#1999 – 1982 20c State Birds and Flowers: Washington

Condition
Price
Qty
- Mint Stamp(s)
Ships in 1-2 business days.i$4.50
$4.50
- Used Single Stamp(s)
Ships in 1-2 business days.i$0.55
$0.55
4 More - Click Here
Mounts - Click Here
Condition
Price
Qty
- MM50230x45mm 50 Vertical Black Split-Back Mounts
Ships in 1-2 business days.i
$3.50
$3.50
- MM420330x45mm 50 Vertical Clear Bottom-Weld Mounts
Ships in 1-2 business days.i
$3.50
$3.50
 
U.S. #1999
20¢ Washington
State Birds and Flowers

Issue Date: April 14, 1982
City: Washington, DC and state capitals
Quantity: 13,339,000 panes
Printed By: Bureau of Engraving and Printing
Printing Method:
Photogravure
Perforations:
10.5 x 11.25
Color: Multicolored
 
U.S. #1999 features a watercolor picturing a Willow Goldfinch and a Coast Rhododendron, Washington’s state bird and flower.
 

Washington Becomes 42nd State 

U.S. #2404 pictures Washington’s Mount Rainier.

On November 11, 1889, Washington was admitted to the Union.

Before the arrival of Europeans, a large number of American Indians lived in what would become the state of Washington. The Cayuse, Colville, Nez Percé, Okanogan, Spokane, and Yakima tribes lived on the plains and in river valleys. The Chinook, Clallam, Clatsop, Nisqually, Nooksack, and Puyallup lived along the coast, west of the Cascade Mountains.

Spanish and English explorers sailing north from California in the 1500s were probably the first whites to sight Washington. However, Europeans did not set foot in Washington until the late 1700s. When Russian fur traders settled in Alaska, the Spanish became worried they might also claim Washington. As a result, the Spanish sent several expeditions to the area to reinforce their claim. In 1775, Bruno Heceta and Juan Francisco de la Bogeda y Quadra were the first whites to land on Washington soil.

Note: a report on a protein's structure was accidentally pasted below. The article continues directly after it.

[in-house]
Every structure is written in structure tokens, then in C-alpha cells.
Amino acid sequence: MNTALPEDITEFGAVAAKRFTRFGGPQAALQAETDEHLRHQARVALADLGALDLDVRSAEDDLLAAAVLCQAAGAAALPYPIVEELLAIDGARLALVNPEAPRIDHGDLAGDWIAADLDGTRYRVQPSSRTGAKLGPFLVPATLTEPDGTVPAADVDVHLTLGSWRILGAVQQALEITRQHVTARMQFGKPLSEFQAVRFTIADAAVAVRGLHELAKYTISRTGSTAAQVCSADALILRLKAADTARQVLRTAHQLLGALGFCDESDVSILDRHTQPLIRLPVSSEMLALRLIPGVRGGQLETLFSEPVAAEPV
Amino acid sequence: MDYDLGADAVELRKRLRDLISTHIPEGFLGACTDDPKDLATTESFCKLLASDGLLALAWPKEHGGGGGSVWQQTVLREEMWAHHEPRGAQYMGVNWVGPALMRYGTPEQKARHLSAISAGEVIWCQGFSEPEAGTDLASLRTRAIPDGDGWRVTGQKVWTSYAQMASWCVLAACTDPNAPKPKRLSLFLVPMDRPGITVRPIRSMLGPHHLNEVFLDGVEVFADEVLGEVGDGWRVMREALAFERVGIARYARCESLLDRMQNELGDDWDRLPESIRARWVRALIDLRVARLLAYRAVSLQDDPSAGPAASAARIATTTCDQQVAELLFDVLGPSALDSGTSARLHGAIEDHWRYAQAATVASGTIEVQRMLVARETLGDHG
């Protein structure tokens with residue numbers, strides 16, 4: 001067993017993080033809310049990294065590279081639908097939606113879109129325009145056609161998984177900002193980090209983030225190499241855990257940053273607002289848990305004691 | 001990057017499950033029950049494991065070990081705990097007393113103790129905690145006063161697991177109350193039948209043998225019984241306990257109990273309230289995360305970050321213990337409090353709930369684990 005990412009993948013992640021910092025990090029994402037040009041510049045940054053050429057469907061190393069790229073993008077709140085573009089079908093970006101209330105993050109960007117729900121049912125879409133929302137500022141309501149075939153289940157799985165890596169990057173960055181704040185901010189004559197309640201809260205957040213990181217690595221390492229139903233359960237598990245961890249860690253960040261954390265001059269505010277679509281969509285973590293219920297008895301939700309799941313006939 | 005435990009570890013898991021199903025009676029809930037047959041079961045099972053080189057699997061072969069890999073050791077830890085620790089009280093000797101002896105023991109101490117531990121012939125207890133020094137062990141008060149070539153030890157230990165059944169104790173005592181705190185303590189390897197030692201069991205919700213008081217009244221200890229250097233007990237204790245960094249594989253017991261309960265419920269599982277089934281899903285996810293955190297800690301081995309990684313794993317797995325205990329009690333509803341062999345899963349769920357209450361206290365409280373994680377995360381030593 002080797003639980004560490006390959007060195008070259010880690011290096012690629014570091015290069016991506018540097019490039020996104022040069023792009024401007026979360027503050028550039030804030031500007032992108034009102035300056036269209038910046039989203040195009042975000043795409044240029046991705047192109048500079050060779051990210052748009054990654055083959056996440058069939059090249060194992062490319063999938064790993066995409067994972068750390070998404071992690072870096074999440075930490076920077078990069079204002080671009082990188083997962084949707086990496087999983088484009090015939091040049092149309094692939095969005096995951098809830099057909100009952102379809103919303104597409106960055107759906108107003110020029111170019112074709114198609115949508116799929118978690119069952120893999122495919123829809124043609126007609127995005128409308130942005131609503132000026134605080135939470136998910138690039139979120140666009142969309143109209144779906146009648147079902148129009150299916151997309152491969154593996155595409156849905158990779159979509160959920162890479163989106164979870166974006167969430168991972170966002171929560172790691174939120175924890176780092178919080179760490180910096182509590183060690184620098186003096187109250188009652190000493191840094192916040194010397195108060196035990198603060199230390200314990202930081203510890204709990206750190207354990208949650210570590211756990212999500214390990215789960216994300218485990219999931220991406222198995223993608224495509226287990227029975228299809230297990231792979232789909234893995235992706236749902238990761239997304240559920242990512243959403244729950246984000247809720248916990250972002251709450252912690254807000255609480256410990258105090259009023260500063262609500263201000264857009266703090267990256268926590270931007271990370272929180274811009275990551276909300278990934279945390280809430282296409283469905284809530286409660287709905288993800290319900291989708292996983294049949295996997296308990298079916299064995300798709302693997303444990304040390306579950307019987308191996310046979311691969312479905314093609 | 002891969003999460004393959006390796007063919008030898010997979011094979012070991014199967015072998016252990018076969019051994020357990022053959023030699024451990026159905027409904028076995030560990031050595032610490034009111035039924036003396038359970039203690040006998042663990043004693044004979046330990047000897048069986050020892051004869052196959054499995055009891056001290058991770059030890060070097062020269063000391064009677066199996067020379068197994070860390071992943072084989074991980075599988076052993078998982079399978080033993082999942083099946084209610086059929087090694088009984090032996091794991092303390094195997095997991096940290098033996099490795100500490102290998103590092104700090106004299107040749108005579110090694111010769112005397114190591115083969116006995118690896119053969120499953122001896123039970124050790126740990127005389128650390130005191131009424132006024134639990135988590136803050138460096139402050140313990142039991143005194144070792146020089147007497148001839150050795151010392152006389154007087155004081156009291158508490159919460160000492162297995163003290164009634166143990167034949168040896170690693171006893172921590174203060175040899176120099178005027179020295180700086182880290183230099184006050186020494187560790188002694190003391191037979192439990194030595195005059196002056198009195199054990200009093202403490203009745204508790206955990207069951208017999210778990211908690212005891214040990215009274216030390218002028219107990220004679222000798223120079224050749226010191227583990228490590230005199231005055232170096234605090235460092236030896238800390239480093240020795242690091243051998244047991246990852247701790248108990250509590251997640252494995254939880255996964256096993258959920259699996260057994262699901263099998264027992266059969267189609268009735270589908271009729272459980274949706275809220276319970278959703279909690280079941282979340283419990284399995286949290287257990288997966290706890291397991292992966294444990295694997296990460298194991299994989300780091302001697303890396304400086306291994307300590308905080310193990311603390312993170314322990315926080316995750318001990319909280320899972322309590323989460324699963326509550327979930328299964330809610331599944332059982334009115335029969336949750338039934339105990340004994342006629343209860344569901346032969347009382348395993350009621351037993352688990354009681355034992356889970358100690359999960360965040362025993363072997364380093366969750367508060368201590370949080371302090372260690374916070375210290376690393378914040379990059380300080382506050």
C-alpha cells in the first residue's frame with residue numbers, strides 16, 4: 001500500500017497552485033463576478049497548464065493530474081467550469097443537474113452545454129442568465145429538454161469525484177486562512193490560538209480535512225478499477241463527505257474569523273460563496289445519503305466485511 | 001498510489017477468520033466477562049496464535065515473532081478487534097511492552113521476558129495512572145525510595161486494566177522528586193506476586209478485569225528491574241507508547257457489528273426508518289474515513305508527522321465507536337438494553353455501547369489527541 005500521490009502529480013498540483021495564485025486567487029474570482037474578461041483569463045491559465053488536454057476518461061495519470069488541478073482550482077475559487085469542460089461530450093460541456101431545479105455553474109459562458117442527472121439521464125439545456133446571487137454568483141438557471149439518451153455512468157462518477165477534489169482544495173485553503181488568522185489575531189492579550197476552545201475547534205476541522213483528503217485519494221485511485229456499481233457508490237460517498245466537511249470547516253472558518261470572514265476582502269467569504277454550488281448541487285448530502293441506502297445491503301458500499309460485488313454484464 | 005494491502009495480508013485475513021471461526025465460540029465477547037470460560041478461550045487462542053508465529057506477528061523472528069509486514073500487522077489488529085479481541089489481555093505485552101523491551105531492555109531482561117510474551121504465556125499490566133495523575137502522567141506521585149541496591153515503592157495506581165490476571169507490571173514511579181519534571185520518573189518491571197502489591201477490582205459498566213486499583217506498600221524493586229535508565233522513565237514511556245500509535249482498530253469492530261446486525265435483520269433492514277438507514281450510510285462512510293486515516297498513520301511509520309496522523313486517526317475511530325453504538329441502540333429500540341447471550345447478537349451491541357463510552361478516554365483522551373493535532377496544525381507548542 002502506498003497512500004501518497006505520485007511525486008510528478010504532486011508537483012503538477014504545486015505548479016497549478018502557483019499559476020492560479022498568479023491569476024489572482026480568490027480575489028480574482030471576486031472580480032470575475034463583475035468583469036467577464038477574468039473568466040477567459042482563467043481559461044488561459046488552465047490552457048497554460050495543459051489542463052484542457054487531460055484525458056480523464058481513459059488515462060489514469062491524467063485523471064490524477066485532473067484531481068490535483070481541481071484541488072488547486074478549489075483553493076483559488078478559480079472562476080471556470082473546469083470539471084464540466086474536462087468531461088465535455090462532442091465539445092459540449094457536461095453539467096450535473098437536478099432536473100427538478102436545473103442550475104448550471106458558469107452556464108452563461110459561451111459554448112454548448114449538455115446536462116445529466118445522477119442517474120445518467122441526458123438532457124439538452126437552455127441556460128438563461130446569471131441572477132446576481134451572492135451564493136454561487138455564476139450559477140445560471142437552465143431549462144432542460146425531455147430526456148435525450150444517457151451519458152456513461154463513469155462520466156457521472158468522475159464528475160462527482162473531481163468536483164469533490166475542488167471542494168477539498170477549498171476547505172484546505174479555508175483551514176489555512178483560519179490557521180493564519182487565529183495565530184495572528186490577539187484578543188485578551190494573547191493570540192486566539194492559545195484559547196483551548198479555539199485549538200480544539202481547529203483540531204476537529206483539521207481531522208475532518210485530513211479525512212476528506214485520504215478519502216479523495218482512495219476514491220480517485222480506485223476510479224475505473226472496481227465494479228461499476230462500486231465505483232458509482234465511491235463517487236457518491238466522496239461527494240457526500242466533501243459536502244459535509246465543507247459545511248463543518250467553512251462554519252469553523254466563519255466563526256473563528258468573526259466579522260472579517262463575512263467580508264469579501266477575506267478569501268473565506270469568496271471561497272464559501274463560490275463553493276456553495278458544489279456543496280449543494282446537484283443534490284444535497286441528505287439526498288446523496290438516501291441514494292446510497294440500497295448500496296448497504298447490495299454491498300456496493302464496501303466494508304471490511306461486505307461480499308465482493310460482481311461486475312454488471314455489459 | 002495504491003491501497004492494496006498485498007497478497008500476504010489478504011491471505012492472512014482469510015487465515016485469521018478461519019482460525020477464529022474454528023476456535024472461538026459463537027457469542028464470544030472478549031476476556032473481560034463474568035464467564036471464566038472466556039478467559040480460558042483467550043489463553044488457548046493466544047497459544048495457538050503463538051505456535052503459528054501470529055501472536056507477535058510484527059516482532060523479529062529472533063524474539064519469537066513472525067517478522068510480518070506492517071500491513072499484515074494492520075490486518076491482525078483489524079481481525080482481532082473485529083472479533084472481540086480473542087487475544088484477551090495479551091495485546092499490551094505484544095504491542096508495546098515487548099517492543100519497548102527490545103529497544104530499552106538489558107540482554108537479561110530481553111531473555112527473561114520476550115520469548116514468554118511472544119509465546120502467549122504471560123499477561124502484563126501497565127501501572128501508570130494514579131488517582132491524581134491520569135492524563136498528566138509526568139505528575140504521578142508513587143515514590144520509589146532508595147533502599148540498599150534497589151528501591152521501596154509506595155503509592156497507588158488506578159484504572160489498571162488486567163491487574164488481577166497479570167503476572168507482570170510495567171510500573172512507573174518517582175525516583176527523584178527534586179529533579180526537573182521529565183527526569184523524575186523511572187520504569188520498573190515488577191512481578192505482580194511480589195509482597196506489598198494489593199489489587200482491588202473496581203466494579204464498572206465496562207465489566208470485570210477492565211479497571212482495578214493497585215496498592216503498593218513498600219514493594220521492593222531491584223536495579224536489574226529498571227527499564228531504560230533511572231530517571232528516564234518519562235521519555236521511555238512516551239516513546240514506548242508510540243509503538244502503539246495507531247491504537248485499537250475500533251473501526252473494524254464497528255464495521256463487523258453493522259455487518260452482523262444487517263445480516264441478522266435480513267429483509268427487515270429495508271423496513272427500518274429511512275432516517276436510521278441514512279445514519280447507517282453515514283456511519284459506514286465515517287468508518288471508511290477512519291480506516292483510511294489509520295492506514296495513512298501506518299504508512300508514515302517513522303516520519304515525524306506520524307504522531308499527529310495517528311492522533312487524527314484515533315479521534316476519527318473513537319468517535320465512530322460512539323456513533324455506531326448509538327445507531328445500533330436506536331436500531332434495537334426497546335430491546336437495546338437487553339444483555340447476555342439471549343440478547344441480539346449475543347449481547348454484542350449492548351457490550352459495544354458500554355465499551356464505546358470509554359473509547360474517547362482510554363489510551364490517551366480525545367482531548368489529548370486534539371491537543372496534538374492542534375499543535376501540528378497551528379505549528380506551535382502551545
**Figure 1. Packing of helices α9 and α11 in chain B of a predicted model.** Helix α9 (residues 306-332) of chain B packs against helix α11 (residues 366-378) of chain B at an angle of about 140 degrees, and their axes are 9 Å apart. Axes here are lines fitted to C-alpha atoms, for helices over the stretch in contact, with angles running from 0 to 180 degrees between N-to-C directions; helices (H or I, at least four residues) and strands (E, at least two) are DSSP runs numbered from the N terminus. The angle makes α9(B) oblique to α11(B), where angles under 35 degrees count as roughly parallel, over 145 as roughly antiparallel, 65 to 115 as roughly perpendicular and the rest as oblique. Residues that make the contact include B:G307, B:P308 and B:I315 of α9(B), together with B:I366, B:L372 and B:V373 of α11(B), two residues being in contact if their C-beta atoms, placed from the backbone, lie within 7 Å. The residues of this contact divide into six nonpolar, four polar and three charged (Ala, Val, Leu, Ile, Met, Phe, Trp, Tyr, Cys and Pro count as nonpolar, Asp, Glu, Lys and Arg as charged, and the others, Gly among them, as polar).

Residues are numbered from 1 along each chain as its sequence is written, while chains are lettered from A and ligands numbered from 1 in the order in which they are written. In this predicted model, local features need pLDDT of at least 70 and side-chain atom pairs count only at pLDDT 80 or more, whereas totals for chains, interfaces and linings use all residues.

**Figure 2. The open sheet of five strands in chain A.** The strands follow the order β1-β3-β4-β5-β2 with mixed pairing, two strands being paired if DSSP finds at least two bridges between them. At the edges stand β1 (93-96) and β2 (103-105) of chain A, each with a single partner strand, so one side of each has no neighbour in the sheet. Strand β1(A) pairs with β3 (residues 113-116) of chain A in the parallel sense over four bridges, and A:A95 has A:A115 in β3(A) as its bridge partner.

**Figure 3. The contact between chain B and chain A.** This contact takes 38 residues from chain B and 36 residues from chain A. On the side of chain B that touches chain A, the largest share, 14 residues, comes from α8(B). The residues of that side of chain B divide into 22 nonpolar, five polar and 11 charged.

U.S. #1674 – Washington’s is the only green state flag and the only one to picture a president.

 

1n 1778, Captain James Cook became the first English explorer to reach this area. However, he did not get to view much of the coast, due to stormy weather. The English Captain George Vancouver completed surveys of Puget Sound and Georgia Gulf in 1794. His officer, Peter Puget, reached Puget Sound in 1792. These explorations were the basis for England’s claim to the region.

The first American to reach Washington was Captain Robert Gray of the Boston Company. Gray headed a fur-trading expedition that sailed into the harbor that now bears his name. He reached the mouth of the Columbia River in 1792. Gray’s explorations became the source of American claims to the area. In 1805, the Lewis and Clark Expedition explored Washington by following the route of the Columbia River to the Pacific Ocean. The Lewis and Clark Expedition gave America another claim to the land of the northwest.

U.S. #1999 pictures Washington’s state bird and flower – the American Goldfinch and Rhododendron.

By the early 1800s, fur traders from U.S. and Britain had settled in the region. In 1810, the Canadian North West Company established Spokane House near today’s Spokane. Fur trader John Jacob Astor established the first permanent American settlement with the founding of Fort Okanogan.

The fur trade was interrupted by the War of 1812. After the war, Britain and the U.S. could not agree on how to separate the land west of the Rocky Mountains. In a compromise, it was decided citizens of both nations could settle this vast area, then known as Oregon Country. However, by the 1840s, a large number of Americans had settled the Oregon Country, and boundary dispute became a bitter issue.